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Bald Eagles in SB Forest

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December 26, 2002 12:12PM
Bald eagles soar over Inland

WINTER HOME: Volunteers are needed to count the national symbol.

12/26/2002

By KOREN WETMORE
SPECIAL TO THE PRESS-ENTERPRISE

The first wave of migratory bald eagles has landed in the Inland area, roosting at
lakes in the San Bernardino and San Jacinto mountains.

Volunteers counted 16 eagles Dec. 14, during the first of four scheduled winter
counts and anticipate the arrival of up to 24 more birds before the final count is
taken March 8.

The numbers encourage U.S. Forest Service officials, who have been counting
eagles since the bird was federally listed as a threatened species in 1978.
Although their numbers have not increased, they have remained constant, a sign
that the species is surviving, said Marc Stamer, a Forest Service wildlife biologist
and eagle count coordinator for the San Bernardino National Forest.

"We hold the counts to assess the
status of the eagle population. It helps
us learn their haunts and habits, and
that information helps us to better
manage the species," Stamer said.

Officials have learned much in the past
two decades. They've identified threats
to the eagle population caused by
human disturbances such as
construction, which destroys habitat,
and recreational activities in roosting
areas, which can cause eagles to
abandon nests.

With the help of technology, they also
have discovered that the birds travel farther and move around much more than
previously thought.

Technology-based tracking

In 1999, researchers from the Santa Cruz Predatory Bird Research Group began
fitting Silverwood Lake eagles with backpack transmitters to track the birds'
migratory movement with satellites. The 70-gram pack, about the size of a
matchbox, equals 2 percent of the bird's body weight. Its straps leave room for
wing movement and are designed to wear out in about three years (the
approximate lifespan of the transmitter).

"They don't seem to notice it's there," said Santa Cruz research associate Janet
Linthicum. "They preen the feathers under and around it."

Signals from the pack are picked up by satellites, which calculate and feed data
on the bird's location to a computer in Seattle. The computer then relays the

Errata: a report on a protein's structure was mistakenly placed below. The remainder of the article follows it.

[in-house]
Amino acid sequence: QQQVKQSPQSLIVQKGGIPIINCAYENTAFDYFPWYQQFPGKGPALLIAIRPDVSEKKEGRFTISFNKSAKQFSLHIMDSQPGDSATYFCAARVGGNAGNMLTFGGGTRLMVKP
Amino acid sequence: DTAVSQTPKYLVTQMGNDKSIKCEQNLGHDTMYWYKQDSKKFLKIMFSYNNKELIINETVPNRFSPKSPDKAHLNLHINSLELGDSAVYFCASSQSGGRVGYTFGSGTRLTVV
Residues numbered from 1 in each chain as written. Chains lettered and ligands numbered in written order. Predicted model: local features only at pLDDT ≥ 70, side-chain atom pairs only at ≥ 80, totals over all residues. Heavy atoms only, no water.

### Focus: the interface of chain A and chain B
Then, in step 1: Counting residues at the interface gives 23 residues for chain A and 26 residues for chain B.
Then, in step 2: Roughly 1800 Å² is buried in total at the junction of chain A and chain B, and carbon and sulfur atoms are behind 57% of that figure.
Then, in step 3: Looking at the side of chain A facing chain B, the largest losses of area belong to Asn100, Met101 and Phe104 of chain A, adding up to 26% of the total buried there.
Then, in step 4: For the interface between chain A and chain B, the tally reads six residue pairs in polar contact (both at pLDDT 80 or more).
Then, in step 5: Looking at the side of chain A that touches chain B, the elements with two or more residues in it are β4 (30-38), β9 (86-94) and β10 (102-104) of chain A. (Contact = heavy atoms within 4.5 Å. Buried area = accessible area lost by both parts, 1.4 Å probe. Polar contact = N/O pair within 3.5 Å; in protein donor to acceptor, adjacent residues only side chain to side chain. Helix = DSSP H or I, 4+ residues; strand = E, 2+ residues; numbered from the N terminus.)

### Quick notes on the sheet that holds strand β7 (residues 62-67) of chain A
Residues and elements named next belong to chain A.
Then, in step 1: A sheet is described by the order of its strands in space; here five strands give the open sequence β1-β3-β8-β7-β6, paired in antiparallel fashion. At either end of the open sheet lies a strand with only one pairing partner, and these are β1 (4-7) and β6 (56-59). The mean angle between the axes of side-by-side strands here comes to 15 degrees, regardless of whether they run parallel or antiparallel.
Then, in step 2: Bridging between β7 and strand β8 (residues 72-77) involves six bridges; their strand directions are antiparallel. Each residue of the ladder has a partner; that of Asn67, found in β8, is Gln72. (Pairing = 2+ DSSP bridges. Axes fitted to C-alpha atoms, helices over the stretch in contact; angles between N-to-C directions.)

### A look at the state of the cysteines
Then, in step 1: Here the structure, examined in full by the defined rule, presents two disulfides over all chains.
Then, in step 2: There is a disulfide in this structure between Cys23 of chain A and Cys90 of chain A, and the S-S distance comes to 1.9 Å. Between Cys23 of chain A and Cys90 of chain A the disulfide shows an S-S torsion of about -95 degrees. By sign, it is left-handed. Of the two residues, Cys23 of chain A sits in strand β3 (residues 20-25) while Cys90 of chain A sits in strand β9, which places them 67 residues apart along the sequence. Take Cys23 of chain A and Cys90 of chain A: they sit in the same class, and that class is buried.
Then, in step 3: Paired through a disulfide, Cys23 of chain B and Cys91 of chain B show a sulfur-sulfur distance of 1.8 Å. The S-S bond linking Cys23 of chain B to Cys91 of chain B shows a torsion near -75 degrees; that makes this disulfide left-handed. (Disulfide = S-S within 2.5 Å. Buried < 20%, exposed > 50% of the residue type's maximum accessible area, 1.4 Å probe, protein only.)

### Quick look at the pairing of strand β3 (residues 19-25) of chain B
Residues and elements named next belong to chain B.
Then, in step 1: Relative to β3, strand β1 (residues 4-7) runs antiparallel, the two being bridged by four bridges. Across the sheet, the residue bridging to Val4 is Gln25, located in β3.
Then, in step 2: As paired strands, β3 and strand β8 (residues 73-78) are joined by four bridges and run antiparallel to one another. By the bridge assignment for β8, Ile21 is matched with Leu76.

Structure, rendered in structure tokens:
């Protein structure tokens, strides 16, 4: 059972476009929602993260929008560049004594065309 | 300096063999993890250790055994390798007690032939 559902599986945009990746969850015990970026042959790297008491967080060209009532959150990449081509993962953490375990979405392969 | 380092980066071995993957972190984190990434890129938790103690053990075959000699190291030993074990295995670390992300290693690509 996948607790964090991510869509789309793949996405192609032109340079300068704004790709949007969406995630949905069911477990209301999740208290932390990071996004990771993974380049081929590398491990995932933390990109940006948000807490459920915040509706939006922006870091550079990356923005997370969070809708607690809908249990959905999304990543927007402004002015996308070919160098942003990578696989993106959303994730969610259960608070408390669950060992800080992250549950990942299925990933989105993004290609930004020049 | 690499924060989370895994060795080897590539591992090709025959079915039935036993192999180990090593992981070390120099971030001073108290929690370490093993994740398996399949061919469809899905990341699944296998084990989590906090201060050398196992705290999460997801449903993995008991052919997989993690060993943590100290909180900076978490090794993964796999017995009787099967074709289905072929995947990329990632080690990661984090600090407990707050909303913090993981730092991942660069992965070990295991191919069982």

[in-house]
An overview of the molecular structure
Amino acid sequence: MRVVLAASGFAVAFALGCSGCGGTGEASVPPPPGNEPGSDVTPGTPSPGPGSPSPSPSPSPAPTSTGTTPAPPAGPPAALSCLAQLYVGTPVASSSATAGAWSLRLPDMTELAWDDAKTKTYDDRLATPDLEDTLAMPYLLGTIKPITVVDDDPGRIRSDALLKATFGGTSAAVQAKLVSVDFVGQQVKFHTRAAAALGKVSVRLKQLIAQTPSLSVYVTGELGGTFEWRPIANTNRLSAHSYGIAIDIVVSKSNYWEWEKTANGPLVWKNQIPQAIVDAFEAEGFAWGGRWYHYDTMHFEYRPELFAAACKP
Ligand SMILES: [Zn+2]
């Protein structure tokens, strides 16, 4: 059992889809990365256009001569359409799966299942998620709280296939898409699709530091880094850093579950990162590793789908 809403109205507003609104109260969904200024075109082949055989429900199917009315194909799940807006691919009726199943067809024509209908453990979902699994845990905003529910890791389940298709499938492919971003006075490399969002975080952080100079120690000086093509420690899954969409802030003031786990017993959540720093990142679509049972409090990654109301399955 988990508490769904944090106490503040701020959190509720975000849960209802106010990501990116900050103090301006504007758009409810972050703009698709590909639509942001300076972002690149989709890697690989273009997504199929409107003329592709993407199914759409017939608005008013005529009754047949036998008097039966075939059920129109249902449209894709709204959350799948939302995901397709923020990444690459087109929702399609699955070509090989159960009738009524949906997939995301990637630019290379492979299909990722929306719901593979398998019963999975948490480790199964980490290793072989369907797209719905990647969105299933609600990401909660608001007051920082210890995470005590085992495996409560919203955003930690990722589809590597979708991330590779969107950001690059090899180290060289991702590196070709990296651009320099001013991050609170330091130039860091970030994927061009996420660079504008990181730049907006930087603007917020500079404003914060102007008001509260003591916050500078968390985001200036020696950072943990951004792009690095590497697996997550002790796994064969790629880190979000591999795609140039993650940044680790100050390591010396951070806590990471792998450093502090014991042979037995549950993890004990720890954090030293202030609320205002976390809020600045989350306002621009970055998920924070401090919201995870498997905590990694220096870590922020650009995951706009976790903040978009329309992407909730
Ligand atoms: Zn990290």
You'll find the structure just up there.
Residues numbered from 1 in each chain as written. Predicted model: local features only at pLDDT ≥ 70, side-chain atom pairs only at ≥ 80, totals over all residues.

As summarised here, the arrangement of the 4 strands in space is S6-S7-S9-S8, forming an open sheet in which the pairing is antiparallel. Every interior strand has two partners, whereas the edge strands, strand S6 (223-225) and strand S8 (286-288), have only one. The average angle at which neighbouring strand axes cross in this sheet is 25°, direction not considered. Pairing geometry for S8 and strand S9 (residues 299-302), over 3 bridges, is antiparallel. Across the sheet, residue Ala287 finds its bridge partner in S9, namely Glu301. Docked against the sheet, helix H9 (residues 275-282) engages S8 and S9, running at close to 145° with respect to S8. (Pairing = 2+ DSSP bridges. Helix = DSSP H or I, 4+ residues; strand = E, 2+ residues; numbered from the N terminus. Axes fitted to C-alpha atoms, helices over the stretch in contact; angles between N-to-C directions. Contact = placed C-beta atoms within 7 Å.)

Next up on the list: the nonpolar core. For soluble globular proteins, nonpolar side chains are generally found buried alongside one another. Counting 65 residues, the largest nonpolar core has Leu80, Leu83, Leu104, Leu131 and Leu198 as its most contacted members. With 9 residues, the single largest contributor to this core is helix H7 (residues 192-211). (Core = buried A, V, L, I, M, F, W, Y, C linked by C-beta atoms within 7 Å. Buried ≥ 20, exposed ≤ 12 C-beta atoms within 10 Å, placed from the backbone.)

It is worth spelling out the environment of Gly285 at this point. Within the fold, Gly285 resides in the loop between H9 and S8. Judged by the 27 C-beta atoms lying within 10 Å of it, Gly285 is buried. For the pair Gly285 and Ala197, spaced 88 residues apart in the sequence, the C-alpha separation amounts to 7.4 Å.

information to researchers through e-mail.

Tracking data revealed that the local birds come from as far away as Canada's
Great Slave Lake region. Once they reach a destination, they still move around a
lot, Linthicum said. One of the Silverwood eagles would spend mornings at the
lake only to later visit the Salton Sea and the Colorado River before roosting back
at Silverwood.

The movement mirrored radio tracking done by the Forest Service in conjunction
with the Santa Cruz group's study.

"We used to think of them as separate eagle populations: the Silverwood, Lake
Gregory-Lake Arrowhead and Big Bear Lake groups," said Robin Butler, a forest
service biologist. "Now we think of it as one large mountain population."

Tracking by eyesight

Human tracking of eagles involves a one-hour period in which volunteers use
binoculars to scan the sky around a designated lake site, keeping notes on the
size and location of eagles. Volunteers are instructed on how to tell the difference
between golden and bald eagles and adults and juveniles. They carefully
document what they see and return their findings to forest officials.

Although the counts are not as precise as radio and satellite tracking, residents
and eagle count volunteers have added their share of discoveries, Stamer said.

Stamer has received unverified reports of eagle sightings throughout the Inland
area, including at ponds in Yucaipa and Oak Glen. Yet it was the persistent
reporting of residents near Hemet that resulted in the discovery of an eagle pair
at Lake Hemet.

"The pair was consistently seen by residents for the past few years and so I
decided we should monitor the (Lake Hemet eagle) population as well," Stamer
said.

Volunteer experience

Eagle counts are one of the best ways to educate the public about the birds and
the role of humans in the species' survival, Stamer said.

The main goal is to help the species become strong enough to be removed from
the federal list of threatened species, she said.

Counting eagles requires no more than a desire to learn some basic information
and the willingness to stand out in the winter cold to catch a glimpse of the
national symbol.

People who participate once in an eagle count may find themselves hooked, said
Lynn Johnson, eagle count volunteer coordinator and manager of the Mojave
River Natural History Museum. Johnson started counting eagles in 1985 as a
personal pursuit. Silverwood Lake park officials later convinced her to help
coordinate the counts, a task she has enjoyed for the past 15 years.

"The look on people's faces when they see those birds for the first time makes it
all worthwhile," Johnson said. "Over the years I've watched families come and
now their grown children have returned and are bringing their kids to do this."

HOW TO HELP

When: Volunteers are needed for eagle counts Jan. 11, Feb. 8 and March 8.

Where: In the San Bernardino and San Jacinto mountains.

Information: Marc Stamer at (909) 866-3437 or Kim Huber at (909) 659-2117.
SubjectAuthorViewsPosted

Bald Eagles in SB Forest

katrina island 1029December 26, 2002 12:12PM

Bald Eagle photo

katrina island 492December 26, 2002 02:13PM

Re: Bald Eagles in SB Forest

Laughing Bear 906December 27, 2002 10:43AM



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